Of Montreal

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Of Montreal

(above photo: Of Montreal’s touring lineup, backstage April 2, before playing a hometown show at Athens’ 40 Watt Club [L-R]:Matt Stoessel, Jason Nesmith, Kevin Barnes, Dottie Alexander (front), Bryan Poole and Jamey Huggins)

The last time I spoke with Of Montreal’s Kevin Barnes, he and his bandmates were living communally in the countryside near Athens, Ga. The psychedelic indie popsters had just settled into what seemed like a permanent lineup for 2002’s Aldhils Arboretum, and the collaborative juices were ?owing. But such utopias never seem to last long.

“It became too much,” Barnes re?ects as he sits backstage stringing his guitar at Athens’ 40 Watt Club. “We were in each others’ business so much we didn’t have any privacy. It was like, ‘OK, I can’t stand this anymore, I’m moving out of the frat house and I’m gonna have my own life for awhile.’”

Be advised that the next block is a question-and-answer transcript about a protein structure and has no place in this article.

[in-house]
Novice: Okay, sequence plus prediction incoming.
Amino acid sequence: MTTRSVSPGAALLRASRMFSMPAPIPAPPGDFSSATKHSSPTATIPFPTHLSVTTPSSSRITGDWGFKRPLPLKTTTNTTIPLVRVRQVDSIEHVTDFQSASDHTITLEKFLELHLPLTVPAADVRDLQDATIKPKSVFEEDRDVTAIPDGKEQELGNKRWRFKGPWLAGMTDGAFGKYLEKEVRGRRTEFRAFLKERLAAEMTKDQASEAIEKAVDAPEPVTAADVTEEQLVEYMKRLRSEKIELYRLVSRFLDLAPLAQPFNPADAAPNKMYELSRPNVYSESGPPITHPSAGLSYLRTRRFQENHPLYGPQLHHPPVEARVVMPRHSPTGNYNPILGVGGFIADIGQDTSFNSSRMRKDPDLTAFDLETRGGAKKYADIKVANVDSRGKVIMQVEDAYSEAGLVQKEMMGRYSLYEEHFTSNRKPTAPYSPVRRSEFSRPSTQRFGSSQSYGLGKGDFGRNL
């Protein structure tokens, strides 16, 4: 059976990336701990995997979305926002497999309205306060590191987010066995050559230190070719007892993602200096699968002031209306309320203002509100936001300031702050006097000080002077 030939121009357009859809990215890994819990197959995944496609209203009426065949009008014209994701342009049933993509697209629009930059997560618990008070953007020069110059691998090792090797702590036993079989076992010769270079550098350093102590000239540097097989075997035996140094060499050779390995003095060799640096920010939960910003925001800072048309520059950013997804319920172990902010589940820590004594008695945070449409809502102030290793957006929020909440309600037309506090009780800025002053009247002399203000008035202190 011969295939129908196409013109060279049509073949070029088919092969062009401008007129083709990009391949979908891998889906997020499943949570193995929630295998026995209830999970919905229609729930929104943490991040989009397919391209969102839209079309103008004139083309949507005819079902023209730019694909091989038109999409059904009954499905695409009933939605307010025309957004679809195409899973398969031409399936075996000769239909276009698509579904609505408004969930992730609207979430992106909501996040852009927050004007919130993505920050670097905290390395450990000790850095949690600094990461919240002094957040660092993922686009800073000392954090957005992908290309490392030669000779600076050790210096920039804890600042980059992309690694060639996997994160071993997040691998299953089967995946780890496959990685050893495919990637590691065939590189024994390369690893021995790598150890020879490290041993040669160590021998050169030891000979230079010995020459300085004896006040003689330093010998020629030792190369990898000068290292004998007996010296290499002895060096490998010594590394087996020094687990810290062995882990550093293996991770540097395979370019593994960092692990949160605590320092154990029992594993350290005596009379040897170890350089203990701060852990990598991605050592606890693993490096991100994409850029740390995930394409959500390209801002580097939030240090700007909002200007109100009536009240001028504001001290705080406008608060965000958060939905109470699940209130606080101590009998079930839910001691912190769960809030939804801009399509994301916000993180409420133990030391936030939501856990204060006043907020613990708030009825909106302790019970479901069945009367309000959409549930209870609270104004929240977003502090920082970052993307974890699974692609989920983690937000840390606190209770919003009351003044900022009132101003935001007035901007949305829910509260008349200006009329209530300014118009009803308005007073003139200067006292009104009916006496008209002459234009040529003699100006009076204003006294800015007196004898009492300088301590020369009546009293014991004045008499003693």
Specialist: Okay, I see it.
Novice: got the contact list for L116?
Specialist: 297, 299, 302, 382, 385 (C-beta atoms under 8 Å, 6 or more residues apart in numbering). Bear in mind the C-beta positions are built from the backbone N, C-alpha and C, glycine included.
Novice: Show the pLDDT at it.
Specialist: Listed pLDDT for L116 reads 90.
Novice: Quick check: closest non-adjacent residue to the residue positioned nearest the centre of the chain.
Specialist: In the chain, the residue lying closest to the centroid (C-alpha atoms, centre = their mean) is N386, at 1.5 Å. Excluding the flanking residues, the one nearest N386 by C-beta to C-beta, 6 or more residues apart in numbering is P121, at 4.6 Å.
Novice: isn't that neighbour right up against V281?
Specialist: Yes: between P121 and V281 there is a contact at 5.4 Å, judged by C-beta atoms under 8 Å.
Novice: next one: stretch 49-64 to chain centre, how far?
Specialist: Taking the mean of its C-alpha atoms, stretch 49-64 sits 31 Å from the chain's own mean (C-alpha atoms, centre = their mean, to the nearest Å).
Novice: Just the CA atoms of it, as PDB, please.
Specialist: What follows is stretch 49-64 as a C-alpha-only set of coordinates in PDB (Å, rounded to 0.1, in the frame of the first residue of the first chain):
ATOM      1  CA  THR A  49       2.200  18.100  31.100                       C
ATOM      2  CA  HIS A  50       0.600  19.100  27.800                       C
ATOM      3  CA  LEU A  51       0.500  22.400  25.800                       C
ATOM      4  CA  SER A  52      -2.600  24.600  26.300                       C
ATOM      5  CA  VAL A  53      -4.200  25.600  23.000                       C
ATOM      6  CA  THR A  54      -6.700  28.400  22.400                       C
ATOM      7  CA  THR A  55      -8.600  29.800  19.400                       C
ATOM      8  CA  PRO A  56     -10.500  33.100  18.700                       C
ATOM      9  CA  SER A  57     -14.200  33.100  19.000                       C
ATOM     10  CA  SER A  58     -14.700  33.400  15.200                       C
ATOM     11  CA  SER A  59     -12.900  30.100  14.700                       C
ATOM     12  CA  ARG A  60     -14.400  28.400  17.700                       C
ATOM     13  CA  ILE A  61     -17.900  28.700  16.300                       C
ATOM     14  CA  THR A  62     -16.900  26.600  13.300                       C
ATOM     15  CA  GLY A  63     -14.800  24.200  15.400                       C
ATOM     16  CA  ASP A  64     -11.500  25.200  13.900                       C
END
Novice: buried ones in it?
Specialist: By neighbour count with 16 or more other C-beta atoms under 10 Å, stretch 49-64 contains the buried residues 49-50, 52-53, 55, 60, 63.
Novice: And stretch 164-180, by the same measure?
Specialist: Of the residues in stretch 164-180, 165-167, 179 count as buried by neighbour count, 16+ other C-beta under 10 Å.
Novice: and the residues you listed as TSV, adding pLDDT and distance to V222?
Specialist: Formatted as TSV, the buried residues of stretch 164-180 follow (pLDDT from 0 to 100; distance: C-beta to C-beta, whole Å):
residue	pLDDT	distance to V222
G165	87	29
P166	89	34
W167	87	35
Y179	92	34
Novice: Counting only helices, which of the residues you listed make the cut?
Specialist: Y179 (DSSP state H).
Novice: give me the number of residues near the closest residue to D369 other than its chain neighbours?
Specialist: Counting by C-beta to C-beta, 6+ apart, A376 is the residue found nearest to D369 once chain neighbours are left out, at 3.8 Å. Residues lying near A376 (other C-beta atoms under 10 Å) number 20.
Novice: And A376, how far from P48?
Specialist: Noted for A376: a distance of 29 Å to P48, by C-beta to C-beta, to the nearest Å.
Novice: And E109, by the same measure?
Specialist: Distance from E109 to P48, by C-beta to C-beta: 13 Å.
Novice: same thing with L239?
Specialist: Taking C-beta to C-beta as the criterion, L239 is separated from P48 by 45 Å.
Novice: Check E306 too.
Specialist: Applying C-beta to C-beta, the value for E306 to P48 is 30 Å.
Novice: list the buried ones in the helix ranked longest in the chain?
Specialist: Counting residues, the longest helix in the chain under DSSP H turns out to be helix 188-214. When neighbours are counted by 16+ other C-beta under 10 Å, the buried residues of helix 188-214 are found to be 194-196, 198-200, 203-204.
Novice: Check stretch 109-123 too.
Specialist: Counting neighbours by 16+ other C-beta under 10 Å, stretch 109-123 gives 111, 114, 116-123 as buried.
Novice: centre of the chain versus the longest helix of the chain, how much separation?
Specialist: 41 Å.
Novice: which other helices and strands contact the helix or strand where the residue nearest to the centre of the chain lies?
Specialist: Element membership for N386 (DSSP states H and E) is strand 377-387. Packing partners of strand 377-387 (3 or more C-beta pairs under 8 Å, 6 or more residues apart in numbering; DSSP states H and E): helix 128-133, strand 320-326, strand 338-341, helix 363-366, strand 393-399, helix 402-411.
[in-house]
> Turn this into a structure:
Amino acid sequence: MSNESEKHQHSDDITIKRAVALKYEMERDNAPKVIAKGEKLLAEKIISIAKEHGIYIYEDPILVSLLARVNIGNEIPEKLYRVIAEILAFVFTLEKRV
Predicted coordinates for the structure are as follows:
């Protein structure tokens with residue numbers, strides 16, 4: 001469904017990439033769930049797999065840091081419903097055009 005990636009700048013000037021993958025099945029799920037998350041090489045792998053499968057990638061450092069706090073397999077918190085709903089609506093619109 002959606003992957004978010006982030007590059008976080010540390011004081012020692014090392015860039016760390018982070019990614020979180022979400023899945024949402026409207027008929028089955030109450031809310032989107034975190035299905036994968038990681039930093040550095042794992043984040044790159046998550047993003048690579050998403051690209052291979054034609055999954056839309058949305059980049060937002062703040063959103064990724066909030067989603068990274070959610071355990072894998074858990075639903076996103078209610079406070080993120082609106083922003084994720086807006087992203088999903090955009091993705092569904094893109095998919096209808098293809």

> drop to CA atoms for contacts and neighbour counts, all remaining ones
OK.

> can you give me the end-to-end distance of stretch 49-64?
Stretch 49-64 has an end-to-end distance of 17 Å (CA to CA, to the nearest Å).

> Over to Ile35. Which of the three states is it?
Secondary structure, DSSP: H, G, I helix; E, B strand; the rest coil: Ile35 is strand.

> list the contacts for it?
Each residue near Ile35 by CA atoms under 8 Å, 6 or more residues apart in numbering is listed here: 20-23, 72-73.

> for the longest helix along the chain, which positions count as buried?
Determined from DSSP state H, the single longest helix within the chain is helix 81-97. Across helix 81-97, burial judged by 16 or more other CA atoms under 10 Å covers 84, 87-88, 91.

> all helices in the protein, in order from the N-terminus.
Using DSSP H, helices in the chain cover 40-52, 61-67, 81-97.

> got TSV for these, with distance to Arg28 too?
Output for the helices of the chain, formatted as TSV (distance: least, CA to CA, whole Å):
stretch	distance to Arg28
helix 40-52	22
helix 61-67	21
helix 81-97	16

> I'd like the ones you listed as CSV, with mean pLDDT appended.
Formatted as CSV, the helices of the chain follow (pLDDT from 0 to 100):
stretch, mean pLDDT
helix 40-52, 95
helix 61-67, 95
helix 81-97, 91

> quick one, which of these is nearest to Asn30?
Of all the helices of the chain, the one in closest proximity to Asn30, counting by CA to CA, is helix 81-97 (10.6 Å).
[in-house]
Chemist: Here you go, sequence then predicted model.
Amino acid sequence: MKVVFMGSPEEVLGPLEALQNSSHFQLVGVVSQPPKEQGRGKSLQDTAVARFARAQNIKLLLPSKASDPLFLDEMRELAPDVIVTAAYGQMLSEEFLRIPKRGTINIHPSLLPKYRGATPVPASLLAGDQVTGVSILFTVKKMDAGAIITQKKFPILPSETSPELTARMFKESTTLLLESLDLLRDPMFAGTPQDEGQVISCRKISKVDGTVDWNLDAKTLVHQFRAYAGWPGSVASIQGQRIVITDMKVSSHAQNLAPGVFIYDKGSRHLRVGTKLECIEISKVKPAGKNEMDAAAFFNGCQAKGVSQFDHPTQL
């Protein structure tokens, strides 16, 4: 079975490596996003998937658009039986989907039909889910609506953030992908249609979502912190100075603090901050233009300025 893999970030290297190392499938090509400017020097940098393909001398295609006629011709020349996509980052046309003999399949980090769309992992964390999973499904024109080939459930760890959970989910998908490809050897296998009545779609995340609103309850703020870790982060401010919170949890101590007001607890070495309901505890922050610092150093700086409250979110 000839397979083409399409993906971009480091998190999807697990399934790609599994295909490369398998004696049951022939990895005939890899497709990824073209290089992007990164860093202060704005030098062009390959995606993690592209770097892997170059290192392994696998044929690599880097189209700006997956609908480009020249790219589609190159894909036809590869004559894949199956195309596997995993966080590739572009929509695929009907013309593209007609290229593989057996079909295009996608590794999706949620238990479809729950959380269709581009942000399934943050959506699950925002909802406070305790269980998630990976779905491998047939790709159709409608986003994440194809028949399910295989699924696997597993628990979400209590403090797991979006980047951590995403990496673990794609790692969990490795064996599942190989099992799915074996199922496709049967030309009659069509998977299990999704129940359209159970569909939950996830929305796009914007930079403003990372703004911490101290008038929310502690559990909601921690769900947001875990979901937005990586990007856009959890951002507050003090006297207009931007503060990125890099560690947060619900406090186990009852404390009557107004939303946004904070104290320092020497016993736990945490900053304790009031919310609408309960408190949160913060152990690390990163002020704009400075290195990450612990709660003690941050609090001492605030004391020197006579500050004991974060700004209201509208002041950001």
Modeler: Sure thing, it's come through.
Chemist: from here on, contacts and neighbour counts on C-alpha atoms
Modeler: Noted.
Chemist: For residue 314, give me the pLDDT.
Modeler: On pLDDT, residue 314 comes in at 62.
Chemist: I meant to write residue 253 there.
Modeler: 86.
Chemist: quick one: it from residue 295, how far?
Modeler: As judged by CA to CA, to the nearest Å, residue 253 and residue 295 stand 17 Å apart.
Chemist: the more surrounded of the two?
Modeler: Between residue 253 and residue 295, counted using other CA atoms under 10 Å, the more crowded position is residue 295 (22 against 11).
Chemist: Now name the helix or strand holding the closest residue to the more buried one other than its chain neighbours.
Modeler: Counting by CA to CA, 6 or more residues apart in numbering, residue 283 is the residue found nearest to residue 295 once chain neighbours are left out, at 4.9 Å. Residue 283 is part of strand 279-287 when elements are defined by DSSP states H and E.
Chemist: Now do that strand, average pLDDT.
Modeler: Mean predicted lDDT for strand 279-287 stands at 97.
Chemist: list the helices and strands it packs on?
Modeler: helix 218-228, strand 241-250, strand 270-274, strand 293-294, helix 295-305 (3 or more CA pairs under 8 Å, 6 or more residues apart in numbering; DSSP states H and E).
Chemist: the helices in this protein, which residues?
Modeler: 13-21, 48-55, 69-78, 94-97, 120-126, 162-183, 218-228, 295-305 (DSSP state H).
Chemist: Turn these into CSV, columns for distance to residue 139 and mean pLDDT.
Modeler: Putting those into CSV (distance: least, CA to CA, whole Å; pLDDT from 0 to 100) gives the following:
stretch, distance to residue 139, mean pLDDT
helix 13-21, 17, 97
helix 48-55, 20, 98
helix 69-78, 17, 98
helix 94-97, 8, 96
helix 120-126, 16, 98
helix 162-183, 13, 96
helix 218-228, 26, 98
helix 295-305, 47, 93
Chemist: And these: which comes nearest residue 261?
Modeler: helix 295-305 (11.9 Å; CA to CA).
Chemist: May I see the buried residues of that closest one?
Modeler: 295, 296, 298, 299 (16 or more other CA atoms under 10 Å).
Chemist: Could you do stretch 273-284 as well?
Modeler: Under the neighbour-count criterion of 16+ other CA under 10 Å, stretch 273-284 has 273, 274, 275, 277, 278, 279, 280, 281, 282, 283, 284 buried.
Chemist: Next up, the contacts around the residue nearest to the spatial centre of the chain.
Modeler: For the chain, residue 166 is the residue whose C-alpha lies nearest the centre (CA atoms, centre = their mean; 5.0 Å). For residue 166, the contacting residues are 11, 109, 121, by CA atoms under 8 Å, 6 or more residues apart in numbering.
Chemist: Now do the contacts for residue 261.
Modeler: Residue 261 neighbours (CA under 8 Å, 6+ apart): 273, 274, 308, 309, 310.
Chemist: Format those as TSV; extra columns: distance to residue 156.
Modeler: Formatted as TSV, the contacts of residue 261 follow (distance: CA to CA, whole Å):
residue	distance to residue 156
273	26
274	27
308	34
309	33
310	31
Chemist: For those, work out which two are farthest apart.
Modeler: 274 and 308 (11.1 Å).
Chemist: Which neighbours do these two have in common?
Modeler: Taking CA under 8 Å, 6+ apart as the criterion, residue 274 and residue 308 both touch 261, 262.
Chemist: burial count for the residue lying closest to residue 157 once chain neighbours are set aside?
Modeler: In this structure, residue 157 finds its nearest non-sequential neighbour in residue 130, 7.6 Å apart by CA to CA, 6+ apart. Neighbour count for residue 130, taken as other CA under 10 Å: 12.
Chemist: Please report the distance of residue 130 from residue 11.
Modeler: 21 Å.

Since then, the last two Of Montreal records—including new release The Sunlandic Twins—were executed almost entirely by Barnes in his home studio. “I got married and I felt really strong, emotionally. I was stable and happy with the world, so I was fueled by that energy. Working on your own, there’s no one to cloud your vision.”

Like its predecessor, Satanic Panic In The Attic, the blissful Sunlandic Twins incorporates hints of afrobeat and ’80s pop alongside Of Montreal’s familiar lysergic assault. “Sunlandia is a creation of my wife and I. It’s the place we live. So we’re the Sunlandic Twins. But now a third has appeared,” says Barnes of his four-month-old daughter, Alabee. “Of course, she’s welcome. Today she was at the club for soundcheck and was really happy, so maybe she has it in her blood, too. I put headphones on her and quietly played her some of my music, and she seemed to like it. She was kind of stunned, like—‘what is this weird world?’”

Not an unusual reaction to Of Montreal.